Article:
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  • Beyond Jazz - Free Improvisation

    By HC News |

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    Author: Trevor Barre

    Publisher: Compass

    ISBN:  9781907308840

    Format: Paperback

    338 pages

    Published: May 2016

     

    How did Free Improvisation, aka Free Music emerge? And how has this most arcane of musical forms survived so long and gained such loyal adherents? Trevor Barre seeks to answer these questions in Beyond Jazz, the first book solely devoted to the so-called "First Generation" of Free improvisers.
     
     
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    SME

     
    Beyond Jazz is an account of the genre’s formative London years. It retraces the road that led from the music’s emergence in late 1965/early 1966, through to its consolidation and acceptance as a serious ongoing musical form by 1972. 

    Barre covers the principal individual innovators – Derek Bailey and Evan Parker, Eddie Prevost, Tony Oxley, Paul Lytton, Howard Riley, Keith Rowe, John Stevens, Paul Rutherford, Trevor Watts  – and groups – The Spontaneous Music Ensemble (SME), AMM, Tony Oxley’s Groups, Iskra 1903, Music Improvisation Company, Howard Riley Trio – focusing on their contemporary recordings, the venues they played and the record labels they recorded for.

     

     

     

    He delineates the music’s origins, contemporaneous English culture and happenings, related musical forms, and of course, what the music actually sounds like. Beyond Jazz is illustrated with a Free Music family tree, as well as photographs and album covers from the period.

     

     

     

    The author challenges the notion that the music should be approached only with a rarefied and humourless attitude – the book is non-academic and accessible, a style reflected in the sub-title, “Plink, Plonk & Scratch”, an onomatopoeia that’s also the name of an SME recording. The music, however austere it may appear, usually has a refreshing ability to not take itself too seriously, a stance the book mirrors.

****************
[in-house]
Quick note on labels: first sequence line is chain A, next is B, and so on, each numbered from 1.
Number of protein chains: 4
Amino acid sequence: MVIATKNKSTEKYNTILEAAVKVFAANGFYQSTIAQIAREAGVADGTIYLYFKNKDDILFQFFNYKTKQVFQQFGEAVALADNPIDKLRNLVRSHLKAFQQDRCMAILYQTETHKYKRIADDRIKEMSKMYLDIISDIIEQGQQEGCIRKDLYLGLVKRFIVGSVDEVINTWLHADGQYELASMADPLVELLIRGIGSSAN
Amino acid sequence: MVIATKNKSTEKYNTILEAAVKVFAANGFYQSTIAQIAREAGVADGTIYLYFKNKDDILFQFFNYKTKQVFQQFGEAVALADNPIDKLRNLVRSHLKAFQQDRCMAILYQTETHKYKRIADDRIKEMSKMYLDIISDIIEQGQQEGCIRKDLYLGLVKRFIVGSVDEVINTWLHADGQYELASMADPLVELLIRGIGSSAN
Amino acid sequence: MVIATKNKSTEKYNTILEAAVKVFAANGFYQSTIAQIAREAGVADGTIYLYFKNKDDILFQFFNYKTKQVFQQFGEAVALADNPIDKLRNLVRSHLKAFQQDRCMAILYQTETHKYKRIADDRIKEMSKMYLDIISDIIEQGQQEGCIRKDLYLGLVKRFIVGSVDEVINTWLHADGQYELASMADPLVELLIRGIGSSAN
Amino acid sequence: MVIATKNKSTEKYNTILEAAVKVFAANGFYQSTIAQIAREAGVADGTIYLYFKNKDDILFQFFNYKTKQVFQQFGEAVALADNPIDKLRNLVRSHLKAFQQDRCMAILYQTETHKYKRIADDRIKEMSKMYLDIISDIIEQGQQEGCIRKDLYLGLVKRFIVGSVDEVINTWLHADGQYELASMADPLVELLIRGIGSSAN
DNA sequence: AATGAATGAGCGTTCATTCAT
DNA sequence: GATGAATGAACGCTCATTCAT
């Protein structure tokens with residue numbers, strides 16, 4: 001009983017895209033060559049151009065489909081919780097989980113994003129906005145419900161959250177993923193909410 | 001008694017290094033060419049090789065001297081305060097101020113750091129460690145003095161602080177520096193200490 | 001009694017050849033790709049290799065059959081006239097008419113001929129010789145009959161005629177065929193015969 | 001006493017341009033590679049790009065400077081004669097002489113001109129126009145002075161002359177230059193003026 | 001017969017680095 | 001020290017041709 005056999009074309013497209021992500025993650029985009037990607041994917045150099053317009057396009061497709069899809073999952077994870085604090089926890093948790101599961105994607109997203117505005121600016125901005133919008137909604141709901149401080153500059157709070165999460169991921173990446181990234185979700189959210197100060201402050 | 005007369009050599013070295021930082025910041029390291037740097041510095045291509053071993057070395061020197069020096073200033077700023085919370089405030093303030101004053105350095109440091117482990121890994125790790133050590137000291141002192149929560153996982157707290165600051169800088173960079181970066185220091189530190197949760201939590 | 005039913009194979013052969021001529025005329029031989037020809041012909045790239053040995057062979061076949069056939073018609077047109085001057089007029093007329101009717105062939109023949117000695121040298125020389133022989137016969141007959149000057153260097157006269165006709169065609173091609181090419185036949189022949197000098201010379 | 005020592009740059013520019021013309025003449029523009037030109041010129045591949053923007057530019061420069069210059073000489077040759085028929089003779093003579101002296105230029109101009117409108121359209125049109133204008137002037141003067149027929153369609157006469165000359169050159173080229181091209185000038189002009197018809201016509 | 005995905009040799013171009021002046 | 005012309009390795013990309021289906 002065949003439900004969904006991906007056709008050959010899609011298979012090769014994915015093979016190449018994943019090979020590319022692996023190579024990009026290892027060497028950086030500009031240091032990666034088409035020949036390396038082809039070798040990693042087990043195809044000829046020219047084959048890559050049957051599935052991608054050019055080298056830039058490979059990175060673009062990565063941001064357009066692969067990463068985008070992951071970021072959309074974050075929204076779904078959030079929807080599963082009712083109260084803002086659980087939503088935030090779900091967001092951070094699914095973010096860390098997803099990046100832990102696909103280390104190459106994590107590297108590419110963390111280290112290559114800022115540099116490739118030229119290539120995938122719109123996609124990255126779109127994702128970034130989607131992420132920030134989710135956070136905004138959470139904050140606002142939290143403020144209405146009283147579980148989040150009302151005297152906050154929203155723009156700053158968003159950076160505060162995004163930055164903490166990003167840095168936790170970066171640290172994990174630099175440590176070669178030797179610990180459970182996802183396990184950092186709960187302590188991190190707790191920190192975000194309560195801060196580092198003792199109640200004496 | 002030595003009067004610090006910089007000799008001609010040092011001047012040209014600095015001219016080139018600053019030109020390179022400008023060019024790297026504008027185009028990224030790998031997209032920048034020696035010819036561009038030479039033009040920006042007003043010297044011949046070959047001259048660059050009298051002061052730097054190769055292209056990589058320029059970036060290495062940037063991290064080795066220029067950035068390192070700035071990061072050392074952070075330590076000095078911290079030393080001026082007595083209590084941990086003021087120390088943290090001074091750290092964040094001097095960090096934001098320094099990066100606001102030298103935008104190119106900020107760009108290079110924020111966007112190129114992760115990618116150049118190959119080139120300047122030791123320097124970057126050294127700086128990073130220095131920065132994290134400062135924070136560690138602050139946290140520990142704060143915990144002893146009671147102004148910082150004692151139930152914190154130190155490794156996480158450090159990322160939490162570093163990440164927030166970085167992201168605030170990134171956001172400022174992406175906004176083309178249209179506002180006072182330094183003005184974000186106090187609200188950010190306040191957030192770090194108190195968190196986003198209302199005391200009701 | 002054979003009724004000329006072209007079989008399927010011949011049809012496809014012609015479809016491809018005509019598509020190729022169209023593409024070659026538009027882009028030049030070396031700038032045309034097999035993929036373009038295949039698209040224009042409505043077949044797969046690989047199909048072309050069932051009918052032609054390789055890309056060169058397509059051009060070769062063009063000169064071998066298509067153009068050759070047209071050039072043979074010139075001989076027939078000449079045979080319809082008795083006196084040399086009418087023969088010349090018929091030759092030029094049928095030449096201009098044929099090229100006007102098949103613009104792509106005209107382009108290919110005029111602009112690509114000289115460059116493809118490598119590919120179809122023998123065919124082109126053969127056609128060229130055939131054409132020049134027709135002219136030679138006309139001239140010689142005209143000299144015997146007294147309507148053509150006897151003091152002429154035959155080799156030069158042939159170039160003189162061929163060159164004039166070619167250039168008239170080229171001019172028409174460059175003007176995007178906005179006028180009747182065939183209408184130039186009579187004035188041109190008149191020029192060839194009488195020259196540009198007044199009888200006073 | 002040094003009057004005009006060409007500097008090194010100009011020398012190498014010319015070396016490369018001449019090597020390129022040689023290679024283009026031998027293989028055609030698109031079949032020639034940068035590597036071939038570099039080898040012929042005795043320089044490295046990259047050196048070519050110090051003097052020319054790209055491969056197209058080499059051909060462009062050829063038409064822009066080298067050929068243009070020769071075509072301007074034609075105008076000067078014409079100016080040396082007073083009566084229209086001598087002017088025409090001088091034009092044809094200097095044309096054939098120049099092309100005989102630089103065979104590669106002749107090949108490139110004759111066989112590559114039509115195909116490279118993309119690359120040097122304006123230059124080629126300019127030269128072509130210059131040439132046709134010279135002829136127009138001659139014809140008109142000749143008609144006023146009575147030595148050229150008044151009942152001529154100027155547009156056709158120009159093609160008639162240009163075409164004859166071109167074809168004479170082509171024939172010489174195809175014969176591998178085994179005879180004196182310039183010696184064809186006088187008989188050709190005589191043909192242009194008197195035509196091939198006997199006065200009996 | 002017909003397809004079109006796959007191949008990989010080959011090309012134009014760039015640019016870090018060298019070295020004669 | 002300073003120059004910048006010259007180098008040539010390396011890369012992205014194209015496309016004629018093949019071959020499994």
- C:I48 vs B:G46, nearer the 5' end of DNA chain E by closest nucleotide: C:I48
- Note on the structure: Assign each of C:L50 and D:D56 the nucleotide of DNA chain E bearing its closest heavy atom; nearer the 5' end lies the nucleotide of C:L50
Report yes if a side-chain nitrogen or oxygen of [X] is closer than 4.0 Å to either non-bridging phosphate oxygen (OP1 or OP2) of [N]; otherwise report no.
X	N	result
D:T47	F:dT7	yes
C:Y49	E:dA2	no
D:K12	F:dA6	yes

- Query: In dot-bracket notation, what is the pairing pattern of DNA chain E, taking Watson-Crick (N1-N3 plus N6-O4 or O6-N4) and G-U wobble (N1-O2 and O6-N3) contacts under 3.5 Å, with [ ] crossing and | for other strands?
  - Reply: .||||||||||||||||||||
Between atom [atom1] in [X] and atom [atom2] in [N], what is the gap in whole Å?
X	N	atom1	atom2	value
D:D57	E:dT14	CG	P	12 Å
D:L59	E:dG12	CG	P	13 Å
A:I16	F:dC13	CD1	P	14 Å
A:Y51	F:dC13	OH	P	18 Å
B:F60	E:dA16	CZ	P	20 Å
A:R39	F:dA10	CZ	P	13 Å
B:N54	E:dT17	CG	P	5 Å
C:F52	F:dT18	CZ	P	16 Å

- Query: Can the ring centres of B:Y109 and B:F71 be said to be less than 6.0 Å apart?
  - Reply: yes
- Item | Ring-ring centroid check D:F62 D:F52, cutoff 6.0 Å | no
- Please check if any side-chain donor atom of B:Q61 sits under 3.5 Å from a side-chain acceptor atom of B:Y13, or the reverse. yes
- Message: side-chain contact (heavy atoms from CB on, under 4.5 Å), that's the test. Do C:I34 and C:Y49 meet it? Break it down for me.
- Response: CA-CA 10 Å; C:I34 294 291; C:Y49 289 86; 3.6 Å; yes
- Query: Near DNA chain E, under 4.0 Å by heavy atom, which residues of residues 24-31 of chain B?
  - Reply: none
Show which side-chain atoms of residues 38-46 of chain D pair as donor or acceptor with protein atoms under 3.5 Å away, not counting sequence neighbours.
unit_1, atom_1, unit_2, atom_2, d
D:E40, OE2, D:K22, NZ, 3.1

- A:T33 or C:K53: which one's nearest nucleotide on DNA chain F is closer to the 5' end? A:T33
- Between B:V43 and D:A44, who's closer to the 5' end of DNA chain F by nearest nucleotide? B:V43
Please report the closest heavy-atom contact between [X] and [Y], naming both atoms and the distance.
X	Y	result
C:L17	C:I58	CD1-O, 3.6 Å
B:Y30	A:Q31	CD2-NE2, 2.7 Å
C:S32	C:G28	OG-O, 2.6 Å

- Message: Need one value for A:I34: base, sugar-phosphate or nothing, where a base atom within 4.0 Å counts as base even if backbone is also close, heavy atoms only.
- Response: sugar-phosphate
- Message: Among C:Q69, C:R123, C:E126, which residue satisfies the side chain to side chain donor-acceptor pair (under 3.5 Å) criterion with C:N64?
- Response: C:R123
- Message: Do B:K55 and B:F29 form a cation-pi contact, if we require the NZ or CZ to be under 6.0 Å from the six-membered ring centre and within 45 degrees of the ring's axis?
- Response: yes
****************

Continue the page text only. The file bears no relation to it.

As well as encouraging those new to the genre to listen without prejudice, the book will prompt veteran listeners to reinvestigate its roots, dig out old recordings and venture out to appreciate the music live – the best way, in Barre’s view – to appreciate its joys and challenges.

     

    About the author

    Trevor Barre has been a fan of the music since the early ’70s. Since retiring as a mental health practitioner, he has found the time to translate his enthusiasms into the written word. Many moons ago, he managed a record shop, which aided his burgeoning vinyl dependence. He has lived in London for 32 years, usually within striking distance of improvised music venues, is married, and has three children.

     
     
    "A succinct, personal, opinioned and ultimately insightful volume about the so-called First Generation of British Free Musicians." – JazzWord

     

    "A highly readable appraisal of that most English of musical revolutions.” – Jazzwise

     

    "An honest, unpretentious book that makes the reader think and listen or relisten to the masterworks it discusses." – The Wire 

     

    "It is entirely fantastic. Very enjoyable and genuinely informed. I look forward to spreading the word."  – Thurston Moore (Ex-member and co-founder of Sonic Youth, improvising musician)

     
     
     
     
     


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